Autonomous Allsky camera with Raspberry PI. Part 3: shooting night sky in FITS using QHY5-IIM camera

This is a third part of the Allsky cycle.

Please read previous articles to get complete information about this project:

Part 1. Autonomous Allsky camera with Raspberry PI: overview.
Part 2. Autonomous Allsky camera with Raspberry PI: powering and lightning protection

This time I will show my utility and script for shooting night sky and processing of the images.

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Autonomous Allsky camera with Raspberry PI. Part 2: powering and lightning protection

This is a second part of the Allsky cycle and I want to describe powering and protection of this device.

Please read first part to get basic information about this project.

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Autonomous Allsky camera with Raspberry PI. Part 1: overview.

Allsky (or weather) camera is one of the most important part of the modern observatory.
It’s very important to monitor sky condition during night observations, especially when observatory is remote controlled or should be fully automatic. Different vendors provides different solution. But all they are share the same problems: very high prices, lack of autonomy (PC is required) and lack of useful sensors like a temperature, sky temperature and so on. So, to build complete system you need: camera itself, PC, weather station, cloud sensor. Full price and complexity of this system is very high.
But this not a Jedi path, right?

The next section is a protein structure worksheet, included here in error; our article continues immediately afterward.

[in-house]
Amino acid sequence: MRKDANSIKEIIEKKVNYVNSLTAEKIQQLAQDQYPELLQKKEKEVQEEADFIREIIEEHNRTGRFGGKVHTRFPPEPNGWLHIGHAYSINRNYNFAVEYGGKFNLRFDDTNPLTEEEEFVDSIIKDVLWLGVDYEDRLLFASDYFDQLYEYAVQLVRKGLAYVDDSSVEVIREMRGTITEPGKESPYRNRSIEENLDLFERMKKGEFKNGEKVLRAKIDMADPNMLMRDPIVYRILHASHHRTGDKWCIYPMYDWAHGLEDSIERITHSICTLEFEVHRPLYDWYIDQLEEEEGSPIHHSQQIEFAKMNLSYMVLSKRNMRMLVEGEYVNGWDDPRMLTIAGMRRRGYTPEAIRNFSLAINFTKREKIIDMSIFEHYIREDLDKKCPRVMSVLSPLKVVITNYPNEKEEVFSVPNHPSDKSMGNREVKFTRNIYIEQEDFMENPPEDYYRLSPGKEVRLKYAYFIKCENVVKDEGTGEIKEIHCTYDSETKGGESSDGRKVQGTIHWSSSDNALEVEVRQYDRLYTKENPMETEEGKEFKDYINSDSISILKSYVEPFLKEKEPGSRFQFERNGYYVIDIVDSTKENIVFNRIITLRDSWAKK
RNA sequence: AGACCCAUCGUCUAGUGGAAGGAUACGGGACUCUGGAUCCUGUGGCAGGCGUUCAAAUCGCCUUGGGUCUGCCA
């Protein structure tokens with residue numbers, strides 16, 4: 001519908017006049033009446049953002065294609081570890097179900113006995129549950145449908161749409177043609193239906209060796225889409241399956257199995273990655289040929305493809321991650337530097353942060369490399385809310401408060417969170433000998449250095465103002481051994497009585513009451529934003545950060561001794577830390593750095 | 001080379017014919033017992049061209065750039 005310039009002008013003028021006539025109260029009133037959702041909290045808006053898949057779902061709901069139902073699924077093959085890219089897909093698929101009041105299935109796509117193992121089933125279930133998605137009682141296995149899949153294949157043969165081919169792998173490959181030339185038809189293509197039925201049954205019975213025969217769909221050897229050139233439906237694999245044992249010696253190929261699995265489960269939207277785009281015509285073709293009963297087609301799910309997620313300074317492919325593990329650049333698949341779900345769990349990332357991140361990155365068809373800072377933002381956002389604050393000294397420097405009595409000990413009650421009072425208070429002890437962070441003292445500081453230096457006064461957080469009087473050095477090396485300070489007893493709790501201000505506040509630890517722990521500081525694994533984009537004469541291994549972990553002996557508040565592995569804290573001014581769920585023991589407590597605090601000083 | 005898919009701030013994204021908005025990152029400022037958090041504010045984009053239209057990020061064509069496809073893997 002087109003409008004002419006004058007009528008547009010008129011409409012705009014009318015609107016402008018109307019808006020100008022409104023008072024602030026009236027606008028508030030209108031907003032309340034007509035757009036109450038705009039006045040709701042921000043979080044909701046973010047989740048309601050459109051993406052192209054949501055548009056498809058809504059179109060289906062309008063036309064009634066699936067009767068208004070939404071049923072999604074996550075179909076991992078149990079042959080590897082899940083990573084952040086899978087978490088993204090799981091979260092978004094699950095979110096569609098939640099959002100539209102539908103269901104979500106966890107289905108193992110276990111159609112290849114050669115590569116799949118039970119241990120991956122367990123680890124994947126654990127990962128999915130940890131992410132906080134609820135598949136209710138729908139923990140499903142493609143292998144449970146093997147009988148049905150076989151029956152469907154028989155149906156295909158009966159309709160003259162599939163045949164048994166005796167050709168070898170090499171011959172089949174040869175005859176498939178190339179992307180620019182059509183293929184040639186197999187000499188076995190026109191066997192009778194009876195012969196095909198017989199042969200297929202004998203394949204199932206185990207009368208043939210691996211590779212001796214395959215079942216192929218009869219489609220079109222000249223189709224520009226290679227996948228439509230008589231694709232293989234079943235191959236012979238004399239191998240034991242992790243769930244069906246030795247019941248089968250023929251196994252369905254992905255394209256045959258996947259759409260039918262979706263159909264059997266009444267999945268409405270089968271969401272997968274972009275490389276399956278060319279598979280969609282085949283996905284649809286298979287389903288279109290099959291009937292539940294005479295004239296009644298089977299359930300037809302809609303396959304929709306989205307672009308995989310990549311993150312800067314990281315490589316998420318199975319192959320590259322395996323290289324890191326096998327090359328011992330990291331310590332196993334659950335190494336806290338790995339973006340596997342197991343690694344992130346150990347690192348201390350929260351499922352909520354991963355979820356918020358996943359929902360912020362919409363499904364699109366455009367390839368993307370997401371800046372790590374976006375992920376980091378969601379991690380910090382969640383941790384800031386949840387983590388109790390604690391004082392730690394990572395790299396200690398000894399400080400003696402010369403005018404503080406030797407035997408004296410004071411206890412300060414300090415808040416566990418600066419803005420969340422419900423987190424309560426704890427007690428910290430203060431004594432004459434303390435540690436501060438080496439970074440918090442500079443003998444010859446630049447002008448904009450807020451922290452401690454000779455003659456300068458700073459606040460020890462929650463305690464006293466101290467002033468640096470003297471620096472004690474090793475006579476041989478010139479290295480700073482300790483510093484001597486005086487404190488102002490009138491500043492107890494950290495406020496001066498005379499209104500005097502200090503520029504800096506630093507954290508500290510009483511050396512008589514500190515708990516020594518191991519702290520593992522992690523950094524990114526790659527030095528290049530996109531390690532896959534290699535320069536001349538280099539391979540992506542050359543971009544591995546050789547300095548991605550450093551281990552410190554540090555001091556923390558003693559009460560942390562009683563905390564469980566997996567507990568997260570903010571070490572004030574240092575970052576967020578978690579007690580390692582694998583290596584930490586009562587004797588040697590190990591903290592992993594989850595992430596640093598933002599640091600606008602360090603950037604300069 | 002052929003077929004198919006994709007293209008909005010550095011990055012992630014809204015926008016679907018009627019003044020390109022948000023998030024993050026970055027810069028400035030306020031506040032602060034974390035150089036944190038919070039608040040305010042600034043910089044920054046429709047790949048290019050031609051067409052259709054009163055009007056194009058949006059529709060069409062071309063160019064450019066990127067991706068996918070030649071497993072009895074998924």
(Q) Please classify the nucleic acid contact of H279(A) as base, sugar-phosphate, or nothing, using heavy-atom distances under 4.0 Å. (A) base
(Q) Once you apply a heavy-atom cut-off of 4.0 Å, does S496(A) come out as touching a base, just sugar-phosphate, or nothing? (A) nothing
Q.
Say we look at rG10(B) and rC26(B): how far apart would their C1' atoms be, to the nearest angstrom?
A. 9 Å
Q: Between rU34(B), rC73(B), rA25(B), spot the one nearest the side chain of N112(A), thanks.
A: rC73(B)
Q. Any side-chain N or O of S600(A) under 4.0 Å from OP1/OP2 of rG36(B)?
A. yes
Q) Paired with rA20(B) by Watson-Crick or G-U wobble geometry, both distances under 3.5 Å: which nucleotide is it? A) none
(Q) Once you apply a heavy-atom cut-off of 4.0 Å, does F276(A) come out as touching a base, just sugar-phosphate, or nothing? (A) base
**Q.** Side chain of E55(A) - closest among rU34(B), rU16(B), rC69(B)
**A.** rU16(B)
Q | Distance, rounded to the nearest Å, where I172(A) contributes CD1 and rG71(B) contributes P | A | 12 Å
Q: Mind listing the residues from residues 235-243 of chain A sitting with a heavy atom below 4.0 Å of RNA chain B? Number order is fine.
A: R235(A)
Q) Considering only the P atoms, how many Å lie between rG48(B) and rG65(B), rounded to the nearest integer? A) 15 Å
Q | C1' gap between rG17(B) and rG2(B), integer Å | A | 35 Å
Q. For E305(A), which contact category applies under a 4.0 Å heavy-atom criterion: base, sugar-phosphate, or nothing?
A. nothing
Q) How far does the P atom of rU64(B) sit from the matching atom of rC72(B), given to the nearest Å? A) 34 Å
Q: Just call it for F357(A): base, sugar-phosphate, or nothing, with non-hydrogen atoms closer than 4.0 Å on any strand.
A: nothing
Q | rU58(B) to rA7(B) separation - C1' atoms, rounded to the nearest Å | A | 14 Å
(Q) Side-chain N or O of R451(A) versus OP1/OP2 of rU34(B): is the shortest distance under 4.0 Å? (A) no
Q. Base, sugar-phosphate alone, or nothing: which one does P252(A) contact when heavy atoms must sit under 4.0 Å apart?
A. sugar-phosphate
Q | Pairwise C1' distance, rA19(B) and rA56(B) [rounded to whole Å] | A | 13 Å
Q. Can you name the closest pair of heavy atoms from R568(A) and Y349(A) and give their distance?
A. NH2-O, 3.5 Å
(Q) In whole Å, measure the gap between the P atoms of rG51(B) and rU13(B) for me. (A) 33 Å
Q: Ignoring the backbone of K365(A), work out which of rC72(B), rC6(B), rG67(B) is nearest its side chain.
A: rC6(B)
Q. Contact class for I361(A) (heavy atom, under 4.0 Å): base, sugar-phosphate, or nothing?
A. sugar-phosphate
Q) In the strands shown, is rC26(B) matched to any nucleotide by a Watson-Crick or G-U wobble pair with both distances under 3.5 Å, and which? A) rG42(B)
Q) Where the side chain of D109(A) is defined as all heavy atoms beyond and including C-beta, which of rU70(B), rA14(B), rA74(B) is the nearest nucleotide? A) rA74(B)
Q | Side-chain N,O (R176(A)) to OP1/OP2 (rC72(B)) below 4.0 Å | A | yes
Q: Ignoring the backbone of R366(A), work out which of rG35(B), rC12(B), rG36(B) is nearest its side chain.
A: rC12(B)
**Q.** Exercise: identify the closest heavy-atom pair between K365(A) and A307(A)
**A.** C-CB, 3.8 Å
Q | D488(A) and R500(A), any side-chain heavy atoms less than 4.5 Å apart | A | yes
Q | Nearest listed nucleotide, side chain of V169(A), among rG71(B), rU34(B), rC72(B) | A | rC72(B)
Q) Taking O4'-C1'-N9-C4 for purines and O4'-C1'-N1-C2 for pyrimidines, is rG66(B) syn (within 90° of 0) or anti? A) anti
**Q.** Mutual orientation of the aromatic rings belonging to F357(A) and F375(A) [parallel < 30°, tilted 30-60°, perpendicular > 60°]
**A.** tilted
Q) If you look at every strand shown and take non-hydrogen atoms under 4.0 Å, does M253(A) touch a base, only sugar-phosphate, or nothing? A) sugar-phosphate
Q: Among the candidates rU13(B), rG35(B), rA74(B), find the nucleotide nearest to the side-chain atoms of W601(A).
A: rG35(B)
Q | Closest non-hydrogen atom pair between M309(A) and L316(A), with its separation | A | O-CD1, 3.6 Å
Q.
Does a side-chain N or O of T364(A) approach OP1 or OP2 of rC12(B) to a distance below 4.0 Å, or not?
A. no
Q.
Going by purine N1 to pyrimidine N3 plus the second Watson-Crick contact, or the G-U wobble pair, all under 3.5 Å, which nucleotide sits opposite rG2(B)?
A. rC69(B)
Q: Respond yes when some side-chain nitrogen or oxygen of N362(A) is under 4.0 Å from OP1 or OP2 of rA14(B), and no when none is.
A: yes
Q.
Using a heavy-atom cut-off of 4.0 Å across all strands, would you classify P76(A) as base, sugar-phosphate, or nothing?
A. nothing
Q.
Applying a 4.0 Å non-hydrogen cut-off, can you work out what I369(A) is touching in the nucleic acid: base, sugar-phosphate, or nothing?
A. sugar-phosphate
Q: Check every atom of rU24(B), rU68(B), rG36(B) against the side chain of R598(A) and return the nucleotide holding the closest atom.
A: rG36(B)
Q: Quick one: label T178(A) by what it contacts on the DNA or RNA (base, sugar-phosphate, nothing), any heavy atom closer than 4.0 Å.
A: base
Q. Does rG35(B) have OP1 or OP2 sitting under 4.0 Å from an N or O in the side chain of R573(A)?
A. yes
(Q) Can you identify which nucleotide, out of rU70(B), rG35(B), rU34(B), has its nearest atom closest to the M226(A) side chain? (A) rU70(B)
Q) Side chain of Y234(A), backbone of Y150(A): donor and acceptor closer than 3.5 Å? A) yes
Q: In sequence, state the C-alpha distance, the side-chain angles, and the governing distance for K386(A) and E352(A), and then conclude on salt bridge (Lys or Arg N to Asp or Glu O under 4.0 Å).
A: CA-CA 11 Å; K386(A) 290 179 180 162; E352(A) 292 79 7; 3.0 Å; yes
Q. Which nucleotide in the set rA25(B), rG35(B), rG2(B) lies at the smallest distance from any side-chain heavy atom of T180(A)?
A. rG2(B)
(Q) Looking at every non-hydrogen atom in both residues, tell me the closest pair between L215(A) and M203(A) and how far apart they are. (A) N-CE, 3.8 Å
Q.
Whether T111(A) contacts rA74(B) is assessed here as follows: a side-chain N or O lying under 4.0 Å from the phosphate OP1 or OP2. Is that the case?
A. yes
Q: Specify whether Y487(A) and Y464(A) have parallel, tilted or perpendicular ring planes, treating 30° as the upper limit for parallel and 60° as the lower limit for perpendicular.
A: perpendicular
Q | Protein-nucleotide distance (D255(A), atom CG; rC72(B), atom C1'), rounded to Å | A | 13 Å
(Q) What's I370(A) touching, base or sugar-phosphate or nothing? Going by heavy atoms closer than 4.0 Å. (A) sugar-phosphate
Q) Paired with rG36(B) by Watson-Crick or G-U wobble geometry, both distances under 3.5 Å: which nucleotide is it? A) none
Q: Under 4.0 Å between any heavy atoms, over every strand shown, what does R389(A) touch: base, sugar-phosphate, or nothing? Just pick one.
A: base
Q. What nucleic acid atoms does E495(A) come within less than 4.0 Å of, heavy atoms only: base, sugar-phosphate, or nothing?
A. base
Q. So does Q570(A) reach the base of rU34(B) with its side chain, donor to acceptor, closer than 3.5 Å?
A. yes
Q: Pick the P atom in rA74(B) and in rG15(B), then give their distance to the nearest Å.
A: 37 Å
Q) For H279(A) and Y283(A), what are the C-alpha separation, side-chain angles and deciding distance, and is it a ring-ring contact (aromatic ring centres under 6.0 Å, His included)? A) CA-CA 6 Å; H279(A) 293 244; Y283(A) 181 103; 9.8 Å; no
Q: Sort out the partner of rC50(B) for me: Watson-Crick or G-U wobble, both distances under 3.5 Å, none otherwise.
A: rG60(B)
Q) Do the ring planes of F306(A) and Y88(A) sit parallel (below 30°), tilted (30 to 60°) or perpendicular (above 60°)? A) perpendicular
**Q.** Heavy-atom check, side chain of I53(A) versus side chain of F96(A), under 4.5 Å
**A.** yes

With this article I’m starting the cycle of the materials dedicated to fully autonomous device, based on Raspberry PI. This device contains two cameras and a lot of sensors.

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Connecting HTU21D temperature/humidity sensor to the Raspberry PI using simple C i2c interface

Previously in my projects I’m always used well known DHT22 (AM2302) temperature/humidity sensors. But I found that this sensors is not very stable and subject to hungs. In my case this device is worked about two weeks and then stops responding untill power rebooted. This is absolutely unacceptable on some distant and autonomous devices. After some googling I found that I’m not alone and some peoples also expirienced such problem.
I’ve decided to replace this sensors to something more reliable and more accurate. My choice fell on HTU21D from the Measurement Specialties. HTU21D is a quite reliable and precise sensor, much newer than DHT and uses standard i2c bus instead own 1-wire protocol. I2C interface was a determinative and in this article I want to describe connection of this device to the Raspberry PI in details.

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Connecting MLX90614 infrared thermometer to the Raspberry PI

MLX90614 is a cheap and popular infrared thermometer from Melexis. This device is made in different version for different purposes.
You can get generic purpose version with 0.5 accuracy or for medical purposes with accuracy up to 0.2.

Also you can choose voltage you needed: 3.3v or 5v versions is available.
With MLX90614 you can distantly measure temperature of the objects, even temperature of the sky. This enables a wide range of tasks in science and technics.
In this article i’ll show how to connect this device to the Raspberry PI microcomputer via i2c bus.

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